If your online business has been a success despite your lack of storefront space, you may be excited at the prospects that can await you once you expand to have a more robust presence. However, affording a commercial property -- which often requires heftier down payments and a more rigorous documentation process than found with most residential mortgages -- can be challenging for even well-established businesses, providing a significant hurdle to entry. This is especially true in high-priced or booming markets, like San Francisco, Seattle, and Boston. Could crowdfunding help you raise the needed money to qualify for a commercial loan? Read on to learn more about how this fundraising tactic can be used in the lending process.
Can crowdfunding be used to raise down payment funds?
The answer to this can often vary by lender. Many lenders want proof of your ability to save a down payment -- or your business's ability to afford the ongoing expenses inherent in owning a commercial property -- before extending credit to you, so being gifted a down payment or raising these funds through some means other than the sale of your product or provision of your services can sometimes exclude you from eligibility for a loan.
However, not all lenders have these restrictions. In particular, local or regional credit unions or small lenders that aren't bound by some of the restrictions imposed on national lenders may be more likely to extend credit as long as you meet other requirements, regardless of how you obtained your down payment. In addition, exceeding your crowdfunding goal could allow you to qualify for a hard money loan, a type of commercial loan that requires a larger-than-average down payment but can carry a more competitive interest rate and shorter repayment term.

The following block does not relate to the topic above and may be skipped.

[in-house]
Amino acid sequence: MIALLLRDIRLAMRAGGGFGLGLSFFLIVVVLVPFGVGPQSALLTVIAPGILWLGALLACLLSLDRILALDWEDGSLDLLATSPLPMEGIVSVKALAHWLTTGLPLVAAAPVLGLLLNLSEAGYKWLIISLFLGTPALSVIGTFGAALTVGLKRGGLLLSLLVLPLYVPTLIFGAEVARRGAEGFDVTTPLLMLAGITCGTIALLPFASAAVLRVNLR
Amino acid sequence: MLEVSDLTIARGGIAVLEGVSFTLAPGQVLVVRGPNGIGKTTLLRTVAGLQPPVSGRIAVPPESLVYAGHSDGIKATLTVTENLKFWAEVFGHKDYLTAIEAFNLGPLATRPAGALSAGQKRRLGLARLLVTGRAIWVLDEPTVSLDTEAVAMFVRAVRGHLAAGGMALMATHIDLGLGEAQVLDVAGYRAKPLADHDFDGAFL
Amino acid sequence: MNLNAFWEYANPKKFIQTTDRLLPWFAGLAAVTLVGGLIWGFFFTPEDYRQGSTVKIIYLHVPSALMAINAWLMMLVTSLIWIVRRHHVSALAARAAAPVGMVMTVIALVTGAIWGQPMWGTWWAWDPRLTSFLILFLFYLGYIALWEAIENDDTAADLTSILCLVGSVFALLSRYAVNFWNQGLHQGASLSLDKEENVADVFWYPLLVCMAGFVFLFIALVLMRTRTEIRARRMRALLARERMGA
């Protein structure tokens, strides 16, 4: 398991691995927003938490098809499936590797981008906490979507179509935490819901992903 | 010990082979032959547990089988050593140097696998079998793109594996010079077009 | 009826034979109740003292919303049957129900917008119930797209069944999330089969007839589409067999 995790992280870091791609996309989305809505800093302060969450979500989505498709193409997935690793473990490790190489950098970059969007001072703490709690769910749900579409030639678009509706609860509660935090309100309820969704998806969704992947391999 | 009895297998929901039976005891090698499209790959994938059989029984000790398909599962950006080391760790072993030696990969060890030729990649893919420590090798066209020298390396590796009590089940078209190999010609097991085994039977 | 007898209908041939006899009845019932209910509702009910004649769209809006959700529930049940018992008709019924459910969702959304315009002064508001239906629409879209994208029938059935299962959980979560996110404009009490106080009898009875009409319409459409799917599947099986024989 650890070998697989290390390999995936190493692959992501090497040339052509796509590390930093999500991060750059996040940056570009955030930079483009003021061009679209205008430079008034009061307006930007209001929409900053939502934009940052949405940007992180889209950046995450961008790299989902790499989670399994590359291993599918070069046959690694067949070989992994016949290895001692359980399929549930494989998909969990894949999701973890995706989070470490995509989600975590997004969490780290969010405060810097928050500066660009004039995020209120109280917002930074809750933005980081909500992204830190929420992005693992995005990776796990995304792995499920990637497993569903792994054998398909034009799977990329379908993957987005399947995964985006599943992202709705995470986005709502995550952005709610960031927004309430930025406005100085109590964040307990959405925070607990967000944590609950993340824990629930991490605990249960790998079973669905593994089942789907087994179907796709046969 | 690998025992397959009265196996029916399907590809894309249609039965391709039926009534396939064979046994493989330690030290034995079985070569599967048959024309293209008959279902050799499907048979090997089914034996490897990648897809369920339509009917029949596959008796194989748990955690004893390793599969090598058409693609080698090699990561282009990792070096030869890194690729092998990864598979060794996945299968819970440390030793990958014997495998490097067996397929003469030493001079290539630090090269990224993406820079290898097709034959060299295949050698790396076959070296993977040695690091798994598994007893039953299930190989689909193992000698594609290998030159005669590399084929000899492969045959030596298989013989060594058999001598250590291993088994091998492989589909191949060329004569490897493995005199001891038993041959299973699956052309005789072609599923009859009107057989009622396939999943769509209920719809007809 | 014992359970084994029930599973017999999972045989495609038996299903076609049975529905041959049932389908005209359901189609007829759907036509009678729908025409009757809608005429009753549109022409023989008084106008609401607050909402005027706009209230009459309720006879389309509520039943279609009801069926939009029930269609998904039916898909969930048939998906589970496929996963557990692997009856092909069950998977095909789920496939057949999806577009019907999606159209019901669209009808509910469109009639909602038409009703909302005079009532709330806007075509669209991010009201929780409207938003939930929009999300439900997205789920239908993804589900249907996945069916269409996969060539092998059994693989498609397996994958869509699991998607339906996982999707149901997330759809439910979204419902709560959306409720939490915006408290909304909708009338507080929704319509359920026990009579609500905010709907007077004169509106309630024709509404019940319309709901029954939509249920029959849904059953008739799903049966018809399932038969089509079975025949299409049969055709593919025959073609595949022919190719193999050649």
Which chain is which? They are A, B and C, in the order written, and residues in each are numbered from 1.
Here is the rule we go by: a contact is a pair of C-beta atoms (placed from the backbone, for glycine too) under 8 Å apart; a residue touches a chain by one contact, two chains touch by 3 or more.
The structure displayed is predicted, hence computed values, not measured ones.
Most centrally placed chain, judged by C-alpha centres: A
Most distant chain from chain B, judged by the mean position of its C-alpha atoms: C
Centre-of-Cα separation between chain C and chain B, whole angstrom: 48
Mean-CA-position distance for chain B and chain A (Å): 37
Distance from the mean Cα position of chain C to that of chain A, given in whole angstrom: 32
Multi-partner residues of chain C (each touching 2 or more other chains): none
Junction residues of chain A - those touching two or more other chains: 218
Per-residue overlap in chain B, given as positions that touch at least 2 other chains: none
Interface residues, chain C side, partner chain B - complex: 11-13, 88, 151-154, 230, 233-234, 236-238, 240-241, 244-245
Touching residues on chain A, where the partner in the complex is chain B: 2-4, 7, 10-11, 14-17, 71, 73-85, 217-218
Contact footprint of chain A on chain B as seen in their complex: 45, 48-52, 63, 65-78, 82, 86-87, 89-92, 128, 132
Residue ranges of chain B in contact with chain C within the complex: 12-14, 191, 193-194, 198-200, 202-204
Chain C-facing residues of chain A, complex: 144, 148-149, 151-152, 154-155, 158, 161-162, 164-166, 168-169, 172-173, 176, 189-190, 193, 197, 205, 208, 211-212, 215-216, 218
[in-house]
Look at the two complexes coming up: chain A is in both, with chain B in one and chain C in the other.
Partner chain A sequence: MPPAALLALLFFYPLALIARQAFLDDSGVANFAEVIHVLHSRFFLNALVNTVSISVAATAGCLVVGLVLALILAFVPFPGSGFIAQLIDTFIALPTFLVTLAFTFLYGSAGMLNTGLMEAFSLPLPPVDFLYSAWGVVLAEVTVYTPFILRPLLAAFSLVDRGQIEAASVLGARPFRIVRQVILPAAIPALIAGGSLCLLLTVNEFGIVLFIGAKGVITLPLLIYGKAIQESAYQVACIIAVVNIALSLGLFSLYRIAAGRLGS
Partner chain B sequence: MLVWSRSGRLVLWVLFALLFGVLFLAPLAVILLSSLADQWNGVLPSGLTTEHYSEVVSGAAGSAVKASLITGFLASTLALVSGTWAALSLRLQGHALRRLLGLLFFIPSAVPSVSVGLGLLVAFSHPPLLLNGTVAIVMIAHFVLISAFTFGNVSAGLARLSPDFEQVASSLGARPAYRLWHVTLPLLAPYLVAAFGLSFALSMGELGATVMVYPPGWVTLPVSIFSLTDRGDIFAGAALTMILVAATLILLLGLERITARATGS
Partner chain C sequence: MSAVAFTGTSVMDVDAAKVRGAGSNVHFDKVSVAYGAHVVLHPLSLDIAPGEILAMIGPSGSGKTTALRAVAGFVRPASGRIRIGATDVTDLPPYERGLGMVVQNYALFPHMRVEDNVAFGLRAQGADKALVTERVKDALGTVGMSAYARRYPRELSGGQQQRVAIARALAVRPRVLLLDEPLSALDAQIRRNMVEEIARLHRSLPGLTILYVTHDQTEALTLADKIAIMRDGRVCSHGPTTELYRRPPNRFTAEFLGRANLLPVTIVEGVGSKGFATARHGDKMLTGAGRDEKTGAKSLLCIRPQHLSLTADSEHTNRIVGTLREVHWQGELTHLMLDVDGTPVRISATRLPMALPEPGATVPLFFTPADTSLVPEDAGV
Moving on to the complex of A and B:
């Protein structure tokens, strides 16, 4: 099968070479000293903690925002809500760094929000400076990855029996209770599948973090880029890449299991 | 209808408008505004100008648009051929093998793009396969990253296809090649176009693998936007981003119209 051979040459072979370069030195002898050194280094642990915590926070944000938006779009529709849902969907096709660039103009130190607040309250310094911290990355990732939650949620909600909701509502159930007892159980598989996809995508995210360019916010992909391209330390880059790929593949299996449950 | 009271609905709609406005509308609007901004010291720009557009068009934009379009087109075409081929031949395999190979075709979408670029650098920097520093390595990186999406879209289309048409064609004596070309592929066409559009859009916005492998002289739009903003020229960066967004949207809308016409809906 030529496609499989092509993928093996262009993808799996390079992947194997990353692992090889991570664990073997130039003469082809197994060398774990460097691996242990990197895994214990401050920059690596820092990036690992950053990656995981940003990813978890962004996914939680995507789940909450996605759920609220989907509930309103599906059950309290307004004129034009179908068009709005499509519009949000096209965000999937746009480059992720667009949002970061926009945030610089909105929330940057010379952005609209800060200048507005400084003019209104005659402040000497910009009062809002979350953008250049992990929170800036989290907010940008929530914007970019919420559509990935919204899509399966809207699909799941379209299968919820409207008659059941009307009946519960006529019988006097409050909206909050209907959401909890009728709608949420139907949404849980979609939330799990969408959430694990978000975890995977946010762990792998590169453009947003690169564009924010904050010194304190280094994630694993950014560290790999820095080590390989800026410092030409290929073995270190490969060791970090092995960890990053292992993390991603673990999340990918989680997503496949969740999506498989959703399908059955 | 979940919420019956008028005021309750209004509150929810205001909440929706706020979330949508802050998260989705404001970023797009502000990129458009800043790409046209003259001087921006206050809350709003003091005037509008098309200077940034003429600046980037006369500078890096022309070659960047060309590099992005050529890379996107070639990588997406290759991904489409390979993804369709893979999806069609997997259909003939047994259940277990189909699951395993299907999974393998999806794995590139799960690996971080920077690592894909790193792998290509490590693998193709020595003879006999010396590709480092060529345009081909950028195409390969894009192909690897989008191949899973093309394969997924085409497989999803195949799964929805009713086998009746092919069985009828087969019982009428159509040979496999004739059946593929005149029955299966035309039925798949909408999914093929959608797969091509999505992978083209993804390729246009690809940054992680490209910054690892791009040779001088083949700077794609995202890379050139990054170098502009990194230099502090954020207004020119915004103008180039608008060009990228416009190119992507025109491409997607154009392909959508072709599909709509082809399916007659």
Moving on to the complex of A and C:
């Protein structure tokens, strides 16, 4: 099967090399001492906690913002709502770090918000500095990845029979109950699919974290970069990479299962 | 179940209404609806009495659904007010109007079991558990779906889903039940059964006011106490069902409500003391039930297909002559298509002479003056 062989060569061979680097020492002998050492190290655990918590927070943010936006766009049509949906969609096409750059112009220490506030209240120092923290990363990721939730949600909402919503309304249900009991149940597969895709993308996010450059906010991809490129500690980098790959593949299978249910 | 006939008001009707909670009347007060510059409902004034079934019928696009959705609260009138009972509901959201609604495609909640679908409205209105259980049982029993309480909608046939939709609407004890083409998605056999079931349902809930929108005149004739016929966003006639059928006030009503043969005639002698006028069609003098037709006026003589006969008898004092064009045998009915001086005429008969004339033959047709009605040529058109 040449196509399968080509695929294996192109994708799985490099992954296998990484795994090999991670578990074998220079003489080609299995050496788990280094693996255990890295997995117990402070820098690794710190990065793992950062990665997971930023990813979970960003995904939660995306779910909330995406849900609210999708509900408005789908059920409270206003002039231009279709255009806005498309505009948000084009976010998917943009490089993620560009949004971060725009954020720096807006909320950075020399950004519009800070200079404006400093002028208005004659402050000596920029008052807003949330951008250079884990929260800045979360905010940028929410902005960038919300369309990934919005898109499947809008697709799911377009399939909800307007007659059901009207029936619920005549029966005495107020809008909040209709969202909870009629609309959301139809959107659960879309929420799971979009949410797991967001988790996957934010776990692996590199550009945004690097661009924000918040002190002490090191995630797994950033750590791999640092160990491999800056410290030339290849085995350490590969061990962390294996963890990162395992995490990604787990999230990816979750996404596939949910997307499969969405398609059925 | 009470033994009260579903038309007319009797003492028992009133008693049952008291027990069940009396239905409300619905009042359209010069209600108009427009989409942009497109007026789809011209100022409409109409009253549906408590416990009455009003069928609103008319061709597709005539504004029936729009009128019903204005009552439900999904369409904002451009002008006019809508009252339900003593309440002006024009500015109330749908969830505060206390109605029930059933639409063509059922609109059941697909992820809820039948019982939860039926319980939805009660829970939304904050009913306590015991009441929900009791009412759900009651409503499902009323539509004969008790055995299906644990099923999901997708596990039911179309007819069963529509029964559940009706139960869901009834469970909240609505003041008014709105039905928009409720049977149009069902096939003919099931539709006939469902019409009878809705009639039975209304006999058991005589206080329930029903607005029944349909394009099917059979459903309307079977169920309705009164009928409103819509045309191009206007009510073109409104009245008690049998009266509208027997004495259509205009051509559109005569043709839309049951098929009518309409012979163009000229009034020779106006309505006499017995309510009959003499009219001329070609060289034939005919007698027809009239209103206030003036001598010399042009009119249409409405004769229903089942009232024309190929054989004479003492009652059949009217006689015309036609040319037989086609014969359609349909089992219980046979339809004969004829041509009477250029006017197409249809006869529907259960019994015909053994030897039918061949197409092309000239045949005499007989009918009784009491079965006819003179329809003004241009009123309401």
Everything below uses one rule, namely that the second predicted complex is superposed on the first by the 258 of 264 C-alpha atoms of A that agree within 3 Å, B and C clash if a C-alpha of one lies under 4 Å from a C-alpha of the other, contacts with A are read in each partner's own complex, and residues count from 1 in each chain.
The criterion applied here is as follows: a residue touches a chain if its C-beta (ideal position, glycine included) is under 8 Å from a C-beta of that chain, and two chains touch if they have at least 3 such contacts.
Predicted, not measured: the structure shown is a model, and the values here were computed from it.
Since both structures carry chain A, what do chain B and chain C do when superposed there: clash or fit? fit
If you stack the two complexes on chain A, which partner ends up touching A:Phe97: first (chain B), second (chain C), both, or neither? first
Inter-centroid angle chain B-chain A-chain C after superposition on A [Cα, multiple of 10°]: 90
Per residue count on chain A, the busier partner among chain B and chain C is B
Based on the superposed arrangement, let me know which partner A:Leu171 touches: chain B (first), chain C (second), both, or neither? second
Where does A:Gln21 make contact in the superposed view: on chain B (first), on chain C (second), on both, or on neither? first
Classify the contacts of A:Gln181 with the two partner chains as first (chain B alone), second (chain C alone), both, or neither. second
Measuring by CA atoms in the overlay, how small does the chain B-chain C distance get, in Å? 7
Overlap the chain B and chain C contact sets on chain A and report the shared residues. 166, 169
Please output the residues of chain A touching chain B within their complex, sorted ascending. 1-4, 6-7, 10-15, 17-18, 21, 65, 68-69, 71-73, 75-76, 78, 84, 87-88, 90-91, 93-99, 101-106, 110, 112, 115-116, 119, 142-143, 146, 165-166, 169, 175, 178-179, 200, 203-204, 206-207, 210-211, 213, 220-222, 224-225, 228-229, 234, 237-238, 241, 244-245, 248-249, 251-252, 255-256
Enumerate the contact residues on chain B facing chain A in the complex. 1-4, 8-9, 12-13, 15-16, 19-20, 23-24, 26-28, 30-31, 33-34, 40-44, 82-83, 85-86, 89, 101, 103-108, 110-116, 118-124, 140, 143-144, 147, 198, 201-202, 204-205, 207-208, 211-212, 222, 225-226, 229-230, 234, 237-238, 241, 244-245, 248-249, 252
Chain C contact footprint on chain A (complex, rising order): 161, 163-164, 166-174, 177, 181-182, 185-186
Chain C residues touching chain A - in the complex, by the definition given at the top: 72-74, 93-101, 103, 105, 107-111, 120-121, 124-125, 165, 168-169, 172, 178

Should you crowdfund to afford your own commercial building?
Before you make the decision to set up a crowdfunding page for your own business, you'll want to ask yourself a few questions.
The first is whether you'll be able to afford the taxes and maintenance costs of the building you plan to purchase if you manage to raise the down payment through crowdfunding. Otherwise, you run the risk of raising funds and still being unable to qualify for the loan you wanted, potentially causing your donors to consider asking for a refund.
You'll also want to evaluate the potential effect of crowdfunding on your business's reputation. If your business provides a necessary service to a tight-knit or underserved population, it's likely you have a supportive community who will do everything they can to help you. On the other hand, if you have a more impersonal business (like reselling items purchased at a discount), soliciting funds through crowdfunding could be seen as requesting a handout, rather than a hand up.
While you'll always want to do your own marketing research, in many cases, crowdfunding can be a viable path to storefront ownership.Share